So I was going to do a list of “every comic book ever ranked in order of quality” because I figured nerds would totally get into that and there would be fistfights over whether Tomb of Dracula #7 should be ranked one higher than New Teen Titans (vol. 2) #21 and nerds fighting each other in the streets would make for some excellent slapstick comedy before they all collapsed from exhaustion (because your average person who would get into a fistfight over that sort of thing needs it to be a really, really short fistfight). But it’s harder than it looks.
I mean, obviously Captain Carrot and His Amazing Zoo Crew! #14 has to be the number one comic of all time because it is where the Zoo Crew teams up with the Just’a Lotta Animals and there will never, ever again be a comic as important as that one. (It is well-known that Alan Moore stole all of his ideas from unused Zoo Crew plots Scott Shaw! threw out in the trash. Well, either that or Moore rolled them up and smoked them. Both are equally possible.) But after you select the #1, it turns out selecting the #2 comic book of all time is actually much harder because it’s easy to figure out the best of all things, but what’s the second-best? The second-best is harder to decide, is my point.
Like, is Action Comics #1 the second-best comic of all time because it is the first appearance of Superman and sets the stage for essentially all superhero comics over the next 75 years? Or, on the other hand, is the second-best comic of all time Jughead’s Diner #4 because it has Jughead fighting an evil blob monster to save his future-restaurant? These are the questions that you have to grapple with when you are writing a quality listicle. People think it is just slapping numbers on things and they are so wrong because it is, in fact, a process.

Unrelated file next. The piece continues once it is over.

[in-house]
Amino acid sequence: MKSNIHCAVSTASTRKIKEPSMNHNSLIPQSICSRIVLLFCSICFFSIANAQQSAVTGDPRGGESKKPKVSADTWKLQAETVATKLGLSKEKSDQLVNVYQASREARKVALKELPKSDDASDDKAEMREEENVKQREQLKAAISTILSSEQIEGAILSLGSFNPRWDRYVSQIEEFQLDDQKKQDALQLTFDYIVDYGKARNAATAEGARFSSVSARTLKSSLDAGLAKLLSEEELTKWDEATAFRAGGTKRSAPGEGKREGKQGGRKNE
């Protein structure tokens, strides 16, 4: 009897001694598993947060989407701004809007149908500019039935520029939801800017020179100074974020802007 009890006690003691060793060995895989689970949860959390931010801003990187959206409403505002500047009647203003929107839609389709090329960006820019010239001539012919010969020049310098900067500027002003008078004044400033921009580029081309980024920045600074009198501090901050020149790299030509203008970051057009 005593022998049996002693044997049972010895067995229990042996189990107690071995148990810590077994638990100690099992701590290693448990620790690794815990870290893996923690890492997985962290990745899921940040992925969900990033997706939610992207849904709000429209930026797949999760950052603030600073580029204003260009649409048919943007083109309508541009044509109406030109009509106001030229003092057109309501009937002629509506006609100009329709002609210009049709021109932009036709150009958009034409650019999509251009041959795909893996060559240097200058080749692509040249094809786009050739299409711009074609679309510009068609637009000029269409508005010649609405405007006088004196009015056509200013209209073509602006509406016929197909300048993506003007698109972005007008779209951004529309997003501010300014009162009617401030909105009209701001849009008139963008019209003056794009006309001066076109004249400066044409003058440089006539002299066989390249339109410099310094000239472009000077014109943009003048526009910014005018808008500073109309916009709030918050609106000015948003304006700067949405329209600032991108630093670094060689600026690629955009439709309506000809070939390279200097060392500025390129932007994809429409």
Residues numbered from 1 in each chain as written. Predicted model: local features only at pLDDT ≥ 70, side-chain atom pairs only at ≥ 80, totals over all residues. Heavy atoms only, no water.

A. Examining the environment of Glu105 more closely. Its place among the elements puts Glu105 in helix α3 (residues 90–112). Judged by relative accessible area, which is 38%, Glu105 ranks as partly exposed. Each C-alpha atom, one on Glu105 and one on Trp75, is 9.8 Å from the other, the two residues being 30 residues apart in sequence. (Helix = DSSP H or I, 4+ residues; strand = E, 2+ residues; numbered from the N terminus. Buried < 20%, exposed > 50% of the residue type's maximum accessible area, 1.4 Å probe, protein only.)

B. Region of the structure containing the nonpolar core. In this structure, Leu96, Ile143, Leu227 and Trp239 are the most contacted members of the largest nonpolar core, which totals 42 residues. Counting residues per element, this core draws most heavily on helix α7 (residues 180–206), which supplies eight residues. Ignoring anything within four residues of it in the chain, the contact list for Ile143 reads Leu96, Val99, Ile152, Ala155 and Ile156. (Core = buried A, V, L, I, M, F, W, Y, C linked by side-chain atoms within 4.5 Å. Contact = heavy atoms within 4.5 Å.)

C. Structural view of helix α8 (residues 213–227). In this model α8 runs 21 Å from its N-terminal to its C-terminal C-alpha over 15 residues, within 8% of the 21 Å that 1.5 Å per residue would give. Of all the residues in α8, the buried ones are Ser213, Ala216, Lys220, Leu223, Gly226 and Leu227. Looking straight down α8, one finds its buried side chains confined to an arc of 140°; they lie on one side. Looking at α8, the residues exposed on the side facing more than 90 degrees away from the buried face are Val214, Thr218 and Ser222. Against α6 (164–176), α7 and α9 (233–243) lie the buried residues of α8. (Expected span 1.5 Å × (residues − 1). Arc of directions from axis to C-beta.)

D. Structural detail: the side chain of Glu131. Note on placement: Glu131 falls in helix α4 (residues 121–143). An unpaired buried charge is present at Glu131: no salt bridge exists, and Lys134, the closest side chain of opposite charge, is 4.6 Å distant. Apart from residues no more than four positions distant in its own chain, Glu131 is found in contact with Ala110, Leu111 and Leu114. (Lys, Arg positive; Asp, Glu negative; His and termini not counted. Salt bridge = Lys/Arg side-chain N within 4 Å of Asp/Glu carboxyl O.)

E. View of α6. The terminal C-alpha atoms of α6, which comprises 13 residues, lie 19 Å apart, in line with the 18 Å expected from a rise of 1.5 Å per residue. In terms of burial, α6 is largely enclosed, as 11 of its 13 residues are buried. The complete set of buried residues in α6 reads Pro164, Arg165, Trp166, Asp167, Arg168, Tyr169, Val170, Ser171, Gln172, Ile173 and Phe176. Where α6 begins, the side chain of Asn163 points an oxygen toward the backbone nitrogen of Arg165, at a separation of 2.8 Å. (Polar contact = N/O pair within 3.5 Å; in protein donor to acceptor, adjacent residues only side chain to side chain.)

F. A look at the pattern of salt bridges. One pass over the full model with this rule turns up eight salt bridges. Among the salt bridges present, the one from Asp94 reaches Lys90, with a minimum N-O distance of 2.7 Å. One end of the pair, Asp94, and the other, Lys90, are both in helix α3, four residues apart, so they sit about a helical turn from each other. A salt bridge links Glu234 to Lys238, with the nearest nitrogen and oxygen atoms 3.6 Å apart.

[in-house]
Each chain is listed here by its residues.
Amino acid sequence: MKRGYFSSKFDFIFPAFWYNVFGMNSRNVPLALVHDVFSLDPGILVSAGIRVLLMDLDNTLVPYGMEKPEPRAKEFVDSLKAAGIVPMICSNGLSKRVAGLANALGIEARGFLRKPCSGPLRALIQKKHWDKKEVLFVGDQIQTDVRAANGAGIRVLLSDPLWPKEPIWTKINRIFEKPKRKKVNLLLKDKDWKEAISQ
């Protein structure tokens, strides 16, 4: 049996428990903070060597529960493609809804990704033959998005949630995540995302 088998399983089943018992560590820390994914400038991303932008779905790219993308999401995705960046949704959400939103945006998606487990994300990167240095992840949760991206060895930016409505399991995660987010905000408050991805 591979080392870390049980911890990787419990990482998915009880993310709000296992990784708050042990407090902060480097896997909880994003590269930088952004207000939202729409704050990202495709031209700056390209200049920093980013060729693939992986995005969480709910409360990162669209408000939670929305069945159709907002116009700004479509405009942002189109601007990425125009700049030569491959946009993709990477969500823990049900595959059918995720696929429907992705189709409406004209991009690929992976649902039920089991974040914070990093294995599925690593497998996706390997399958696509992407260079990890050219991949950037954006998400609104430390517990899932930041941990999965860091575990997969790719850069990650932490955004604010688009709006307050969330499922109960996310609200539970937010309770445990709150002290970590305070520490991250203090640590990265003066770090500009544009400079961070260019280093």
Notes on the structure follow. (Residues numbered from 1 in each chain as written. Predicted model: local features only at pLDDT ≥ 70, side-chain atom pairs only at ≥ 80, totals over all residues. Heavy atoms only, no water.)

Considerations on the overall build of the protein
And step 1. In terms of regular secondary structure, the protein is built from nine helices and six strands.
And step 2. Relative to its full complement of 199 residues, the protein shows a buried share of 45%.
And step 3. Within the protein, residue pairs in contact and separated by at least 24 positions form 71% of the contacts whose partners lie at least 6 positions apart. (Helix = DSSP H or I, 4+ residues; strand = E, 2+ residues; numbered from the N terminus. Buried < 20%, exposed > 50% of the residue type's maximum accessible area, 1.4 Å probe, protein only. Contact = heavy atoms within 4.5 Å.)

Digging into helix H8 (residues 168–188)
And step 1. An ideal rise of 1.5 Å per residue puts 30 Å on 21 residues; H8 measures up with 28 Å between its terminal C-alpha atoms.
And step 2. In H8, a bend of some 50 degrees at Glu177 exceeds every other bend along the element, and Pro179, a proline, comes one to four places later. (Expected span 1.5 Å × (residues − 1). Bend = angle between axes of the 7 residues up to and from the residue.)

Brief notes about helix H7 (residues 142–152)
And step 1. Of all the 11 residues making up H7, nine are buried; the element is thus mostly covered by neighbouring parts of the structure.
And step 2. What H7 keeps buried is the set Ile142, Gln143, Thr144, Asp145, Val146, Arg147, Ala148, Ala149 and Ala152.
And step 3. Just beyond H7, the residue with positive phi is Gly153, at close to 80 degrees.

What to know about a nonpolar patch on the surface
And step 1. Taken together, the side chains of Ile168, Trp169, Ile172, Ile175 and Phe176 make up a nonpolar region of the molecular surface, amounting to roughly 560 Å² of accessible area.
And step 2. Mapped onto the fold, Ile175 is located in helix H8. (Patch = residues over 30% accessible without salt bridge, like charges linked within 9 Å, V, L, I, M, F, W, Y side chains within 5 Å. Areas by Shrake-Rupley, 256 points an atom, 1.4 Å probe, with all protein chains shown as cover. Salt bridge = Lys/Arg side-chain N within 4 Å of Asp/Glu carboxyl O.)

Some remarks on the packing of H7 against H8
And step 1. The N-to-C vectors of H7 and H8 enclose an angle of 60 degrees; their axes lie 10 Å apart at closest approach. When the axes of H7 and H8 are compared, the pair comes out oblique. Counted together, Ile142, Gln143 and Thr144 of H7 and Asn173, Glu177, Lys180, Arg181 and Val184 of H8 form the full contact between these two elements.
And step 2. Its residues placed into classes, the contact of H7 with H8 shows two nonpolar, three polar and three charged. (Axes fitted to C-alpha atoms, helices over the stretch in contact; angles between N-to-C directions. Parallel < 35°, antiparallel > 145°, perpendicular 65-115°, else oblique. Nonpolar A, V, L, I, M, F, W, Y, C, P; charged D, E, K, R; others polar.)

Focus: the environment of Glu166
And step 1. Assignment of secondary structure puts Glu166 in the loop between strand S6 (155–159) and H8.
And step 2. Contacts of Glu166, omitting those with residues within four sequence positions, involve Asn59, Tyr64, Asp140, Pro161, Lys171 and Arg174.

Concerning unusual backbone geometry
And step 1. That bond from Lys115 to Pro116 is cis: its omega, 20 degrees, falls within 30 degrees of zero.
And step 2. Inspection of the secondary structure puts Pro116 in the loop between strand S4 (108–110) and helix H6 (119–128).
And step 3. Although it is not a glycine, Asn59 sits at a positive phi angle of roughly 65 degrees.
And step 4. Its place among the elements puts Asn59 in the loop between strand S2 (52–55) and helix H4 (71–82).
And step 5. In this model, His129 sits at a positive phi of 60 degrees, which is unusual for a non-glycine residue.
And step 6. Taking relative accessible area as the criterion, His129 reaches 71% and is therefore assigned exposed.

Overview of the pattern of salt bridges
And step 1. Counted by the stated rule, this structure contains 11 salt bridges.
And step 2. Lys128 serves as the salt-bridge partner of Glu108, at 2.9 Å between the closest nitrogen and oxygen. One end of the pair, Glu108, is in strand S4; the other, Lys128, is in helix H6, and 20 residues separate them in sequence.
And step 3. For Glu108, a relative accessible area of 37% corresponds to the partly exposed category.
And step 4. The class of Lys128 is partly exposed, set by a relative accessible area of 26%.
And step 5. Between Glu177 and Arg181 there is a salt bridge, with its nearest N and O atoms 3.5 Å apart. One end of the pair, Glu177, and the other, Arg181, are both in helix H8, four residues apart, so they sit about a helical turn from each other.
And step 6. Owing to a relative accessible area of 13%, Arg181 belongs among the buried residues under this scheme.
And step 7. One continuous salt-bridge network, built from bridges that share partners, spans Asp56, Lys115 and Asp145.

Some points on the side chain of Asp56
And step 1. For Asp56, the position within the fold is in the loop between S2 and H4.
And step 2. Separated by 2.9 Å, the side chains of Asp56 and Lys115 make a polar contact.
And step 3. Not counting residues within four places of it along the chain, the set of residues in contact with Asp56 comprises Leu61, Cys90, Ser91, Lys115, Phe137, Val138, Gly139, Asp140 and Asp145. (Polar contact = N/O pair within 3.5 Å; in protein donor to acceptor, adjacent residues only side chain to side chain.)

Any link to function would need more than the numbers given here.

You guys make fun of Buzzfeed all the time, but hunting down all those individual GIFs that express how they superficially feel about any given issue is, in fact, an act of curation and that is hard work, just ask anybody who works at a museum. Well, anybody who is not Ben Stiller in that museum where the exhibits come to life, that’s probably not typical of museums. Or is it? I don’t know, I don’t spend my nights in museums where ghosts or whatever make all the thingies come to life.
Anyway, my point is that Jughead’s Diner #4 is probably the second-best comic of all-time, and then Action Comics #1 is third obviously, but then what is fourth? Amazing Fantasy #15, the debut of Spider-Man? Or Cherry #5, where Cherry gets involved in an orgy? (Well she gets in an orgy in most issues really so maybe Spider-Man wins this round.) Man, this is going to take longer than I thought, and that’s before you factor in the time it’s going to take me to go looking for GIFs.
There are some comic creators out there that I feel don’t get the praise they deserve not because they’re unrecognized, but because it’d be really hard to imagine what comic books would be like without them. Jack Kirby, Steve Ditko, Stan Lee, Julius Schwartz, Neal Adams…lots of people who have been so influential and prolific that it’s hard to really imagine a superhero genre existing without them. And I’m going to add Carmine Infantino to that list as well, because the man really was astonishingly good at everything he did for an amazingly long time.